New blood test is 92% accurate at spotting signs of prostate cancer, study says
New blood test is 92% accurate at detecting signs of prostate cancer and could save thousands from painful biopsies or MRI scans, study says
- A new blood test has achieved much better accuracy than the PSA test
- When the same men got a PSA test, the positive results were only 14 percent accurate
A blood test can detect prostate cancer with 90 percent accuracy, one study found.
Men who visit their GP with symptoms, such as straining when urinating, have a blood test, the so-called PSA test.
But this is inaccurate, meaning thousands of men are wrongly told they may have prostate cancer and may needlessly undergo a painful biopsy or MRI scan.
A new blood test has shown much better accuracy — it gives positive results that are 92 percent accurate when tested on 147 men. When the same men were given the standard PSA test, their positive results were only 14 percent accurate. The method was developed by a spin-off company of former Oxford University scientists. It looks for changes in immune cells in the blood, which mark changes in gene activity seen in the early stages of cancer.
Pictured: blood test (file photo). A new blood test has achieved much better accuracy than the PSA test – it gives positive results that are 92 percent accurate when tested on 147 men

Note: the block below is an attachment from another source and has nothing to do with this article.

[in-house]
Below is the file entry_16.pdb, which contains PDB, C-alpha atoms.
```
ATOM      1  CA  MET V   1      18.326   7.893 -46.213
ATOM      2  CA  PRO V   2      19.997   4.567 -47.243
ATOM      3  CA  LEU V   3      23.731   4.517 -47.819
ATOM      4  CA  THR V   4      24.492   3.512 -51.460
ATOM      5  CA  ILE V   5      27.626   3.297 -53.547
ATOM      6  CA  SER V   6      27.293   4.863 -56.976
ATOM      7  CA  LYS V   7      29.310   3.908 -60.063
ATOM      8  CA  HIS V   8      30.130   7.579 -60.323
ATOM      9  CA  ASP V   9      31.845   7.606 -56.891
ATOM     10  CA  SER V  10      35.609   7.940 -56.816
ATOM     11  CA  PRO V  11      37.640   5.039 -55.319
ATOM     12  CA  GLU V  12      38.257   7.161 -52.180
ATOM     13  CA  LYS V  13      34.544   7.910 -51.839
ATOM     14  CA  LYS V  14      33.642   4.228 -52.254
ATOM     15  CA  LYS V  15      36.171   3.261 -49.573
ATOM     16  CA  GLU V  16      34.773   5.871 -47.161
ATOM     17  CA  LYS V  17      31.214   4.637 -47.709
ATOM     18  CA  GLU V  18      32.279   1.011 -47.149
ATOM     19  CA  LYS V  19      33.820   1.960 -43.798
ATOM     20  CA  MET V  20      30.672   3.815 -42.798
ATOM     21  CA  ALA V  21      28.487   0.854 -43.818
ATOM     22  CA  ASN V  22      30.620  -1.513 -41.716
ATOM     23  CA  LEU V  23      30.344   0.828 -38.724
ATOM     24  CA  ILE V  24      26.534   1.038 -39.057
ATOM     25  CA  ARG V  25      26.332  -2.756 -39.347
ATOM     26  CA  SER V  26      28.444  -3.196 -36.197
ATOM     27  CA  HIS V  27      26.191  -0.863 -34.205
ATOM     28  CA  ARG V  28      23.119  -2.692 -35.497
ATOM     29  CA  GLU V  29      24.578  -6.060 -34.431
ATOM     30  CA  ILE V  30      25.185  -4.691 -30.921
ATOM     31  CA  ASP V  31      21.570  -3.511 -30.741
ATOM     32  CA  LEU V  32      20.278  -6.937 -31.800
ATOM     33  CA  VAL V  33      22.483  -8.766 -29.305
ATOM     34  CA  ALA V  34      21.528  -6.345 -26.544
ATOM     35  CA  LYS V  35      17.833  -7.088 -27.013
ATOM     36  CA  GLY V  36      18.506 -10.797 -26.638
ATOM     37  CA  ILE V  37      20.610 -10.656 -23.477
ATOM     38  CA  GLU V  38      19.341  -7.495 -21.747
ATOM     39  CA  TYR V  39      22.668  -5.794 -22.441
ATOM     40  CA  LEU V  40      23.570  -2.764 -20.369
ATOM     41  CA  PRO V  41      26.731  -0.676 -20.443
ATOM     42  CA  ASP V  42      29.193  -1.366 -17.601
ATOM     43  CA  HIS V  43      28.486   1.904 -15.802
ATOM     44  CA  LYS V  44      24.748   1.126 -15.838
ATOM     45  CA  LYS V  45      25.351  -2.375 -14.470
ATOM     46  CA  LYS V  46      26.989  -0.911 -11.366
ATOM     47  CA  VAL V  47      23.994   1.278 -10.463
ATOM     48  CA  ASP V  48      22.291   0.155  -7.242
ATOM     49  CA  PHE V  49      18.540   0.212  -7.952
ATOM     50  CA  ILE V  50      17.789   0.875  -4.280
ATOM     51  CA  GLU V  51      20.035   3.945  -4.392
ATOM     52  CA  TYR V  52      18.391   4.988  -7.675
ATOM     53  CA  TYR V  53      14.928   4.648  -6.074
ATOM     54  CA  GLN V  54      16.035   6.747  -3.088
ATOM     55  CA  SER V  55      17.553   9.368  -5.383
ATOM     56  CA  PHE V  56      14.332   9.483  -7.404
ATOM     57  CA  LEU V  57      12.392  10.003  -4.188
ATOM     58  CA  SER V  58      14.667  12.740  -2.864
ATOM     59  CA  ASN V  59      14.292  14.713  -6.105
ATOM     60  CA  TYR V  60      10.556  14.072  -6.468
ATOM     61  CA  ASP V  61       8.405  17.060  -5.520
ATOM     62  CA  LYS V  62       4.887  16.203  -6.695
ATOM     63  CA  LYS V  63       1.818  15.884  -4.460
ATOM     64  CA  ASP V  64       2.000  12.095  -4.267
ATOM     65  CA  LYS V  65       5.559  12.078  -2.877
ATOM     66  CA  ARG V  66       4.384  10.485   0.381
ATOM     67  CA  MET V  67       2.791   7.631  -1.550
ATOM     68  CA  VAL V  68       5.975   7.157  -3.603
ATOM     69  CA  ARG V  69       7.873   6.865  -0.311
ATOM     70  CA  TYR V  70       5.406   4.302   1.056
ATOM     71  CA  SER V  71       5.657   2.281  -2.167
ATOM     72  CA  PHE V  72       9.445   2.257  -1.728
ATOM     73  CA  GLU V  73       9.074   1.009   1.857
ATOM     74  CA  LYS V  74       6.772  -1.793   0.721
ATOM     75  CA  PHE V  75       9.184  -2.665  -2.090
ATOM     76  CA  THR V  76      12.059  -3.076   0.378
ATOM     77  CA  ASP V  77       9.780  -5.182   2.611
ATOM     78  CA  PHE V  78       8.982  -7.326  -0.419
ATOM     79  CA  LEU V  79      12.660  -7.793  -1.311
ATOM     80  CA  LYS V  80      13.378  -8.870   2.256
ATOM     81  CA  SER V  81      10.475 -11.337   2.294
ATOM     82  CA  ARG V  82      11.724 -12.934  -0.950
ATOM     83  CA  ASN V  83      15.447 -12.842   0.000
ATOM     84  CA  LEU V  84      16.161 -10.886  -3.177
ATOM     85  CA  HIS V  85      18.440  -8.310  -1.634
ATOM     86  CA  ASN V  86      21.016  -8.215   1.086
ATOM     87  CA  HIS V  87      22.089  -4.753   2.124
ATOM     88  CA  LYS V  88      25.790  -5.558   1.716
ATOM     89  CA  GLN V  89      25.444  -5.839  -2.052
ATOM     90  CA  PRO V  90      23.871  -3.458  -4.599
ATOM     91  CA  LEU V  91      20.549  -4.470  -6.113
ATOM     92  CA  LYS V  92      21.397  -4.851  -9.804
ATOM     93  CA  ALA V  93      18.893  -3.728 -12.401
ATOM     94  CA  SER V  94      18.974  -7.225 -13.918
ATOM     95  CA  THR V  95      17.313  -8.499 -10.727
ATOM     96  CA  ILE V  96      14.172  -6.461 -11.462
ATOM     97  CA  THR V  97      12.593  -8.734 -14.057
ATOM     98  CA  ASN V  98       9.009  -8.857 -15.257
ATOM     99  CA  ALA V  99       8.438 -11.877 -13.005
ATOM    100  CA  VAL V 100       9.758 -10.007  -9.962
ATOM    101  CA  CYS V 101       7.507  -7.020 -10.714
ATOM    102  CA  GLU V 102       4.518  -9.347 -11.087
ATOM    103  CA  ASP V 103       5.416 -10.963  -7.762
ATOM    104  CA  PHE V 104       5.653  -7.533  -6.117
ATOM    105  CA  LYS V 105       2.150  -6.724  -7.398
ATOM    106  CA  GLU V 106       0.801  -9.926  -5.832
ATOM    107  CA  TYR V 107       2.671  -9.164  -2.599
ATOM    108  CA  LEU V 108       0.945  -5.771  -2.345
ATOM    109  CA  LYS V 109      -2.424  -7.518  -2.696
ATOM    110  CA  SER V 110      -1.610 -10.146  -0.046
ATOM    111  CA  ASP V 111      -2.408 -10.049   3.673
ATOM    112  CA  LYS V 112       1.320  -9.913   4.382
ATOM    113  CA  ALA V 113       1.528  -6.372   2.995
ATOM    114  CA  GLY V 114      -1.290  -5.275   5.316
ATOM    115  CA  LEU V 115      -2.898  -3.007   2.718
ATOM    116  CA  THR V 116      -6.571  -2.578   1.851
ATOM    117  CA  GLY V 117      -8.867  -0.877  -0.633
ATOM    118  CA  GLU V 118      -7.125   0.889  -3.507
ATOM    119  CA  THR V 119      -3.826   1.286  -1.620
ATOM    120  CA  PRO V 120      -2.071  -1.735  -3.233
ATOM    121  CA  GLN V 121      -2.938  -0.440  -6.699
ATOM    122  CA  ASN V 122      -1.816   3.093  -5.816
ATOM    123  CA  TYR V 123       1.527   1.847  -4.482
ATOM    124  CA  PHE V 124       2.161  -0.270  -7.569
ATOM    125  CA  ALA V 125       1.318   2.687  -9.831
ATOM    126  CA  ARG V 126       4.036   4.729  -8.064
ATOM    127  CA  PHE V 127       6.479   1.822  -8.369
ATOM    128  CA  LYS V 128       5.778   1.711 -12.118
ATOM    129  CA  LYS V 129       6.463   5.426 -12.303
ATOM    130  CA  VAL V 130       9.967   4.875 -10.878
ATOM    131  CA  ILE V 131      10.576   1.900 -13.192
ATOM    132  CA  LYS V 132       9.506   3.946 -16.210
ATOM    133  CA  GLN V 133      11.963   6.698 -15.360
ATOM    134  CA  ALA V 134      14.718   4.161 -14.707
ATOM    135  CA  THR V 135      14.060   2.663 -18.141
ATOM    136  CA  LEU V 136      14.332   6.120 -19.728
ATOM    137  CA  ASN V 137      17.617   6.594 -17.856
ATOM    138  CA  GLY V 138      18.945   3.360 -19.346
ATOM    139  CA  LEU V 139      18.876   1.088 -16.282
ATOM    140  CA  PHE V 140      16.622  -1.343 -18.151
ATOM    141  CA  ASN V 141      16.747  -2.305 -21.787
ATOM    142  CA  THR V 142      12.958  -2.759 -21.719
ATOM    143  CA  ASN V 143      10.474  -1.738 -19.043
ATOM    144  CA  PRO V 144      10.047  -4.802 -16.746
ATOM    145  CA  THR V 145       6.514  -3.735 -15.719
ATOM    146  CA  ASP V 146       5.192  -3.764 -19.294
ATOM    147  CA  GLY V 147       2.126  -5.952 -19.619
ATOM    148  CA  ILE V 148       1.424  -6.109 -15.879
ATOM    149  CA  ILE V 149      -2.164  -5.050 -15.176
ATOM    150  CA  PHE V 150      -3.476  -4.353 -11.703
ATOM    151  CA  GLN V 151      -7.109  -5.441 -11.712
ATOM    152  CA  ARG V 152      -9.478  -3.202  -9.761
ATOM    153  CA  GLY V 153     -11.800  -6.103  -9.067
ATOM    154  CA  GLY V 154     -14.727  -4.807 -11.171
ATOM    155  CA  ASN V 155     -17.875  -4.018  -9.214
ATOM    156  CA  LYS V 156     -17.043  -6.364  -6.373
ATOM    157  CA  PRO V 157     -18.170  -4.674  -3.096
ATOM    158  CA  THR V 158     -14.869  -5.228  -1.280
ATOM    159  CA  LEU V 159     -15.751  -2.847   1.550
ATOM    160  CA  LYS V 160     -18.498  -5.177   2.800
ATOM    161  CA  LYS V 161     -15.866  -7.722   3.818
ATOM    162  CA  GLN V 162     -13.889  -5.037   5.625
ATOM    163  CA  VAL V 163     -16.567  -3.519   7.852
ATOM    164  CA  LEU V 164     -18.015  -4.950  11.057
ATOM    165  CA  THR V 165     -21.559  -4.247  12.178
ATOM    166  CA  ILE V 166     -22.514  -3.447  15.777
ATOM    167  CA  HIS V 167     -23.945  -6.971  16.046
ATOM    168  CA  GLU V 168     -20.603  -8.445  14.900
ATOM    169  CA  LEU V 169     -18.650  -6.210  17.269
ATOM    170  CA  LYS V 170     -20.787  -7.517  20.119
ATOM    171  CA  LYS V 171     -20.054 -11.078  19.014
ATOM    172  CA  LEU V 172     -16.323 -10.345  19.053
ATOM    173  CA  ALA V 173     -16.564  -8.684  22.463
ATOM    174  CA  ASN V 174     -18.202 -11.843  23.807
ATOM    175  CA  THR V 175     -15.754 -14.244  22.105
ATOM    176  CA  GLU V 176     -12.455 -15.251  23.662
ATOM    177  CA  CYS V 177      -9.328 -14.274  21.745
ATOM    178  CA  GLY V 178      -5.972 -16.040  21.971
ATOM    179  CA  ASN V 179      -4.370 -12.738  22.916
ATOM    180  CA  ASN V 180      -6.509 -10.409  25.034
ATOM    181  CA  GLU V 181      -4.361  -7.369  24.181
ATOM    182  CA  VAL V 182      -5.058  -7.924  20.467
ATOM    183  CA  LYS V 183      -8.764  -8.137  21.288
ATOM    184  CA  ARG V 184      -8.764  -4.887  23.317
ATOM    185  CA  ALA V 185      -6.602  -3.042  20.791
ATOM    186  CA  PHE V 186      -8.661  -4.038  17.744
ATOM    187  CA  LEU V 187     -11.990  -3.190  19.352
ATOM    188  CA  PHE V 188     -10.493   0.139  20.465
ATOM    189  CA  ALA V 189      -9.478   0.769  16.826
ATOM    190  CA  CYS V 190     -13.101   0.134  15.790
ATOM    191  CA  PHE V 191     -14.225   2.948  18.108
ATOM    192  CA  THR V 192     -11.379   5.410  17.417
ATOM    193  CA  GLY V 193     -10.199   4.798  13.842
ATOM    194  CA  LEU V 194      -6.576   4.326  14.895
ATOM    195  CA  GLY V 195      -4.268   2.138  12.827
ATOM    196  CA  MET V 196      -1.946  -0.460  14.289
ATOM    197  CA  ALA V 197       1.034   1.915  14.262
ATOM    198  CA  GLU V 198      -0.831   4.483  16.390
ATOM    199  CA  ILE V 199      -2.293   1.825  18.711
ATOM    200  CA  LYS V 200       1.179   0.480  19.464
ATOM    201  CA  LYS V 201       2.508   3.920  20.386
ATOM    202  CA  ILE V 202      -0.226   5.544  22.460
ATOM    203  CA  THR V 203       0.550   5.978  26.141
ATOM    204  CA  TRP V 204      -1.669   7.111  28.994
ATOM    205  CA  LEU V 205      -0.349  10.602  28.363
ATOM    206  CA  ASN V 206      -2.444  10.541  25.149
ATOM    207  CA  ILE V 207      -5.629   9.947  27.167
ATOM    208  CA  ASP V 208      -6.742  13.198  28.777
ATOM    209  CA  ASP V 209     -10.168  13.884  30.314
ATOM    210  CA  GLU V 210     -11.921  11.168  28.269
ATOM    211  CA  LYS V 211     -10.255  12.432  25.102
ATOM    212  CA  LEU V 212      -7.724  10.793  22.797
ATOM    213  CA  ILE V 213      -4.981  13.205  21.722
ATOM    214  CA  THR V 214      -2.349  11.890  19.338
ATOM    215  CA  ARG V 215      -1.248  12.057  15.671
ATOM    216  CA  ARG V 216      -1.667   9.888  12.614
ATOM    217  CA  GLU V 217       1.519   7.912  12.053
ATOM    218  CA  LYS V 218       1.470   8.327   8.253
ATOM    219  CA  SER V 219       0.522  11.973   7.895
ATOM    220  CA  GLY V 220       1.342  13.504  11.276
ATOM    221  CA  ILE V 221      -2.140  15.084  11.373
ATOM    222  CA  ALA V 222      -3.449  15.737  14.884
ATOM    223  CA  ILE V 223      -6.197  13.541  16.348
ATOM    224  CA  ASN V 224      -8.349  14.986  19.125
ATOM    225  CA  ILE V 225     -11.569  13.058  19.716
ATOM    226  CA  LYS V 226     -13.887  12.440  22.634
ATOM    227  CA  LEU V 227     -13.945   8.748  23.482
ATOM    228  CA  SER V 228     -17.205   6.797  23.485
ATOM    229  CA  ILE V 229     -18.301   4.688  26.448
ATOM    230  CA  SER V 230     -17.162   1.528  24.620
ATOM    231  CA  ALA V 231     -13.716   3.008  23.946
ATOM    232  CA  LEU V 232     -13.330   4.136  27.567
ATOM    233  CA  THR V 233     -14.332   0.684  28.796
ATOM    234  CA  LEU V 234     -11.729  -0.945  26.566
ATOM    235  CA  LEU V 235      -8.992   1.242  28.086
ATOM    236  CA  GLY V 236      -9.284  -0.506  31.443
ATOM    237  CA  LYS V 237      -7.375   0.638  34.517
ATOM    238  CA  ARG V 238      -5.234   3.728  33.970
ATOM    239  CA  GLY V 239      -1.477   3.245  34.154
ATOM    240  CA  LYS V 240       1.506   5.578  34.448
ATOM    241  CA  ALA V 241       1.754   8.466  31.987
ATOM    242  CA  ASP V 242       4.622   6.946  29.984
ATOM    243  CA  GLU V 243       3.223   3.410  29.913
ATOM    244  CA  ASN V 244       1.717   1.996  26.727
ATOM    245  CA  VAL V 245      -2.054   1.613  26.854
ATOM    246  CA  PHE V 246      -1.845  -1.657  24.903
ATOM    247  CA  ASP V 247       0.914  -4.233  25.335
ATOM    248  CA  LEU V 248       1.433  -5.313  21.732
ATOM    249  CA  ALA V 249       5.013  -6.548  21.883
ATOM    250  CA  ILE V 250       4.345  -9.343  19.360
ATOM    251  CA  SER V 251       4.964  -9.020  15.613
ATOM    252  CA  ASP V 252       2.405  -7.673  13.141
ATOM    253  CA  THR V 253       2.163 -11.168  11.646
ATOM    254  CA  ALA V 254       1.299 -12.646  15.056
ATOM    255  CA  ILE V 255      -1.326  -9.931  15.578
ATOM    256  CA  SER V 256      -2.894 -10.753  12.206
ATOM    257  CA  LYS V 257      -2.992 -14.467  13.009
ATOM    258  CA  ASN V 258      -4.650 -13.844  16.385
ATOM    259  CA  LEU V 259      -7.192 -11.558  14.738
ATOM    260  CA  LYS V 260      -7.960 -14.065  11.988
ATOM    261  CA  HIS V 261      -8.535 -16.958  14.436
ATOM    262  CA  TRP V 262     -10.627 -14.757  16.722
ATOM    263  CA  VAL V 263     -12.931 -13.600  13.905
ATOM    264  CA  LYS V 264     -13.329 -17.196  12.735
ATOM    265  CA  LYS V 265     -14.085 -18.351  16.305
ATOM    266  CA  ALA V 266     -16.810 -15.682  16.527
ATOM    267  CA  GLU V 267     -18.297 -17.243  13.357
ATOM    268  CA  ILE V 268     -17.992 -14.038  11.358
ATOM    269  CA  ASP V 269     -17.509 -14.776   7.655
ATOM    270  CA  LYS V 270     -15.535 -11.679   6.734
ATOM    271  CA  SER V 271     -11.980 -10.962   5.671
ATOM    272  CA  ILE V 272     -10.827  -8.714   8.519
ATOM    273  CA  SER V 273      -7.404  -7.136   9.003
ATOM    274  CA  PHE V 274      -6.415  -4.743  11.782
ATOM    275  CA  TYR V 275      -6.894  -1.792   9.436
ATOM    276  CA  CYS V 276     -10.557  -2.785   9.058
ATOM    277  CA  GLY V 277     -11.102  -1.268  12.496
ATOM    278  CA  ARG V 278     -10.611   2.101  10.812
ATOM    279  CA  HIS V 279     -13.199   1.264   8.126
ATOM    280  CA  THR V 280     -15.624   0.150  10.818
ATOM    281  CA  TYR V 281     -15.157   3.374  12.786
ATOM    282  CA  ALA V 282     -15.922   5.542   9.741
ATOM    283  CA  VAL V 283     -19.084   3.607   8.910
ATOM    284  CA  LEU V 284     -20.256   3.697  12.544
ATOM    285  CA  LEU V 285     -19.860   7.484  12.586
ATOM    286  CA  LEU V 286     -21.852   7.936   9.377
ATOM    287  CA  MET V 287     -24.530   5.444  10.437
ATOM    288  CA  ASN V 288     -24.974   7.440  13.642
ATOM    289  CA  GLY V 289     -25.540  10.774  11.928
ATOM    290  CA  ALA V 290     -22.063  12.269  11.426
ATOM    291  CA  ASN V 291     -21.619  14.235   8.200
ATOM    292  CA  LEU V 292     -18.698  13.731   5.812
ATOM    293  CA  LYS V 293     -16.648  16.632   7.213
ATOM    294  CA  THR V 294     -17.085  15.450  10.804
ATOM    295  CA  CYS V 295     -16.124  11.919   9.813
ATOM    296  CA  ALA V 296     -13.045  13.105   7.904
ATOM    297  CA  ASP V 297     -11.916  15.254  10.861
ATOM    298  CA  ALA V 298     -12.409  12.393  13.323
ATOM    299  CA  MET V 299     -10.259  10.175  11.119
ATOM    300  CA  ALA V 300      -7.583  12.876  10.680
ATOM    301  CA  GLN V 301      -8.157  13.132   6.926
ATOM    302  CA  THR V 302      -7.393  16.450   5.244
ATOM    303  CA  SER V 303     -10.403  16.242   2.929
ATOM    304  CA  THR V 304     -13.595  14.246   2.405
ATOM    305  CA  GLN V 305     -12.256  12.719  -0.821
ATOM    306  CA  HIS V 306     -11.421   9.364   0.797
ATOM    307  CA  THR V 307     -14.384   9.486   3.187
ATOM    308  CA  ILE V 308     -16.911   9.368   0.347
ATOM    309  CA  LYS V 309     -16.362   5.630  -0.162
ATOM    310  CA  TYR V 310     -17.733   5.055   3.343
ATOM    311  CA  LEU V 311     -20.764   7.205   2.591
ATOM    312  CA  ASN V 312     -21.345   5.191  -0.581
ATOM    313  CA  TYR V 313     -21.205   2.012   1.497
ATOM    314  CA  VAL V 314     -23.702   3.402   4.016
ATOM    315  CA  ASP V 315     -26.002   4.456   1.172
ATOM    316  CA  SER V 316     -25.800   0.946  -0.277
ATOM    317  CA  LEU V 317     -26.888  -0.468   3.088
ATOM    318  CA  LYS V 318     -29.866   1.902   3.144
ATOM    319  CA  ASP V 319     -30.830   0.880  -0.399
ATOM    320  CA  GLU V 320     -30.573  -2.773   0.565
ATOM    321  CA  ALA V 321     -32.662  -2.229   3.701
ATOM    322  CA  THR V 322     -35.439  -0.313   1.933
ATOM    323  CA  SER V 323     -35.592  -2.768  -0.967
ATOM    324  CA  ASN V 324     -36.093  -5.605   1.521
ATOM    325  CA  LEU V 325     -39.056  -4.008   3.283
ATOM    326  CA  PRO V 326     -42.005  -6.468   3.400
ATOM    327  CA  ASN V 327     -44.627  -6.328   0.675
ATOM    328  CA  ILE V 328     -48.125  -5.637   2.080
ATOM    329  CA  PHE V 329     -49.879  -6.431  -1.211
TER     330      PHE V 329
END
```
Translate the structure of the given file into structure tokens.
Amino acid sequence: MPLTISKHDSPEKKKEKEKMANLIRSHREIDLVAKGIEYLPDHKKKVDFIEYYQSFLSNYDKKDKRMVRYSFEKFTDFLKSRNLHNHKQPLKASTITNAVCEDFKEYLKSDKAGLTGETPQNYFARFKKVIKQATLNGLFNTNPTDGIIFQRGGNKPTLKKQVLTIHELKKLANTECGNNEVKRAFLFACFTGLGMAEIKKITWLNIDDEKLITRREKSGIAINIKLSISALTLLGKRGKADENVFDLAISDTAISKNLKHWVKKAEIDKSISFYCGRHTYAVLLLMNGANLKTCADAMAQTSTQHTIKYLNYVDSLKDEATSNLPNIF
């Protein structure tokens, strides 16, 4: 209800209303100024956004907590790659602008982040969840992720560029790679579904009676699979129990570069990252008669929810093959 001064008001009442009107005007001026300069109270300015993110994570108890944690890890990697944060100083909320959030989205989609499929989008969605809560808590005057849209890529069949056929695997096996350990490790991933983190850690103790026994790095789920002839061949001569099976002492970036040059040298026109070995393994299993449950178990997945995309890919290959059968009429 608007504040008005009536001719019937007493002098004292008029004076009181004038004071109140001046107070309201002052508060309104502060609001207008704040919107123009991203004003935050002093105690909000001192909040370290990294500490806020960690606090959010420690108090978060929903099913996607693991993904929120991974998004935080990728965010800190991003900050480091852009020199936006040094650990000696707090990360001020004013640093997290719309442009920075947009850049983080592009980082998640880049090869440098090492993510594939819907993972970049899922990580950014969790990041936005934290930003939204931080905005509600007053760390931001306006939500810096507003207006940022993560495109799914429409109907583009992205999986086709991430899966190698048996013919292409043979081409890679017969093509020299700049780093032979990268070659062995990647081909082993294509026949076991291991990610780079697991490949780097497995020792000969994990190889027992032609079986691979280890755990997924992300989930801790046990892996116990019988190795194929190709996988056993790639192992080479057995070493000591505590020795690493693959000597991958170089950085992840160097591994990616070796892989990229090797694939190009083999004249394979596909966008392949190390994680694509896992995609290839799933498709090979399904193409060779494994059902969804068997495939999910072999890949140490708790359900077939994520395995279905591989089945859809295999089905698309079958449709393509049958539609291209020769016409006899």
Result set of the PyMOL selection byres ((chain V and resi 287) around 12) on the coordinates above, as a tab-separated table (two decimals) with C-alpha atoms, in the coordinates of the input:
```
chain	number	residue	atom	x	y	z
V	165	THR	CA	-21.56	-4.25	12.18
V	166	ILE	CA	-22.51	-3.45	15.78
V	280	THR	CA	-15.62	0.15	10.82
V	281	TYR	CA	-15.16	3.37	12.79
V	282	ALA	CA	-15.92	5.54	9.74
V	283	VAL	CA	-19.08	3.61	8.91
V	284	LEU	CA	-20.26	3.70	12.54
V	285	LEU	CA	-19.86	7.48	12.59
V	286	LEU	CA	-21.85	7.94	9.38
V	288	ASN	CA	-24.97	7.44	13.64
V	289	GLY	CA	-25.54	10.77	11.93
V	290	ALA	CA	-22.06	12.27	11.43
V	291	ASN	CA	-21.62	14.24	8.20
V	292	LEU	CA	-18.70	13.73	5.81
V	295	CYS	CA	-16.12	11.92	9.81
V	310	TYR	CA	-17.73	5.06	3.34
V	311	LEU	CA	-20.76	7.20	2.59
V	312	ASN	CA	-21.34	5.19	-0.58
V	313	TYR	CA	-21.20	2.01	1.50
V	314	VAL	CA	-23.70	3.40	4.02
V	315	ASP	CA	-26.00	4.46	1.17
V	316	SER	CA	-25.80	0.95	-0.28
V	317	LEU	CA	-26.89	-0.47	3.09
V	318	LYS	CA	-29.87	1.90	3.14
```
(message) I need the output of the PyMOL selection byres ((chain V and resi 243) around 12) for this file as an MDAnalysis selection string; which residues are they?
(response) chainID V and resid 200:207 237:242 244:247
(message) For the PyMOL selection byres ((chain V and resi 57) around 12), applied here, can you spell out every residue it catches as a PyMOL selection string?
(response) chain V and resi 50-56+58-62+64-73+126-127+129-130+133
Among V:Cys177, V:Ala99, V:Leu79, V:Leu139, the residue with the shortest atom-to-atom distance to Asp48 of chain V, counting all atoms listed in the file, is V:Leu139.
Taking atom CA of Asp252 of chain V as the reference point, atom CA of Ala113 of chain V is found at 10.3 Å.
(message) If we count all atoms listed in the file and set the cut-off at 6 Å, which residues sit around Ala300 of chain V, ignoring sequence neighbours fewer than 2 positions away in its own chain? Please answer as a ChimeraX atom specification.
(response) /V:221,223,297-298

Professor Dmitry Pshezhetskiy, from the University of East Anglia, lead author of the study on the test, said: ‘Only about a quarter of people who have a prostate biopsy for an elevated PSA are found to have prostate cancer.’
Most of the 147 men in the study had a positive result for PSA, a type of protein that comes from the prostate. About a third had prostate cancer.
The new test still looks for PSA, but includes a method called EpiSwitch to look for changes in the immune cells caused by cancer-related changes in five genes.
Pictured: prostate cancer cell. The method was developed by a spin-off company of former Oxford University scientists. It looks for changes in immune cells in the blood, which mark changes in gene activity seen in the early stages of cancer
The combined control, called a PSE test, was 94 percent accurate for negative results. That means fewer men are falsely reassured that they don’t have prostate cancer.
It’s not clear how well it would work to screen healthy men for early prostate cancer the way mammograms check a woman’s risk of breast cancer. The findings were published in the journal Cancers.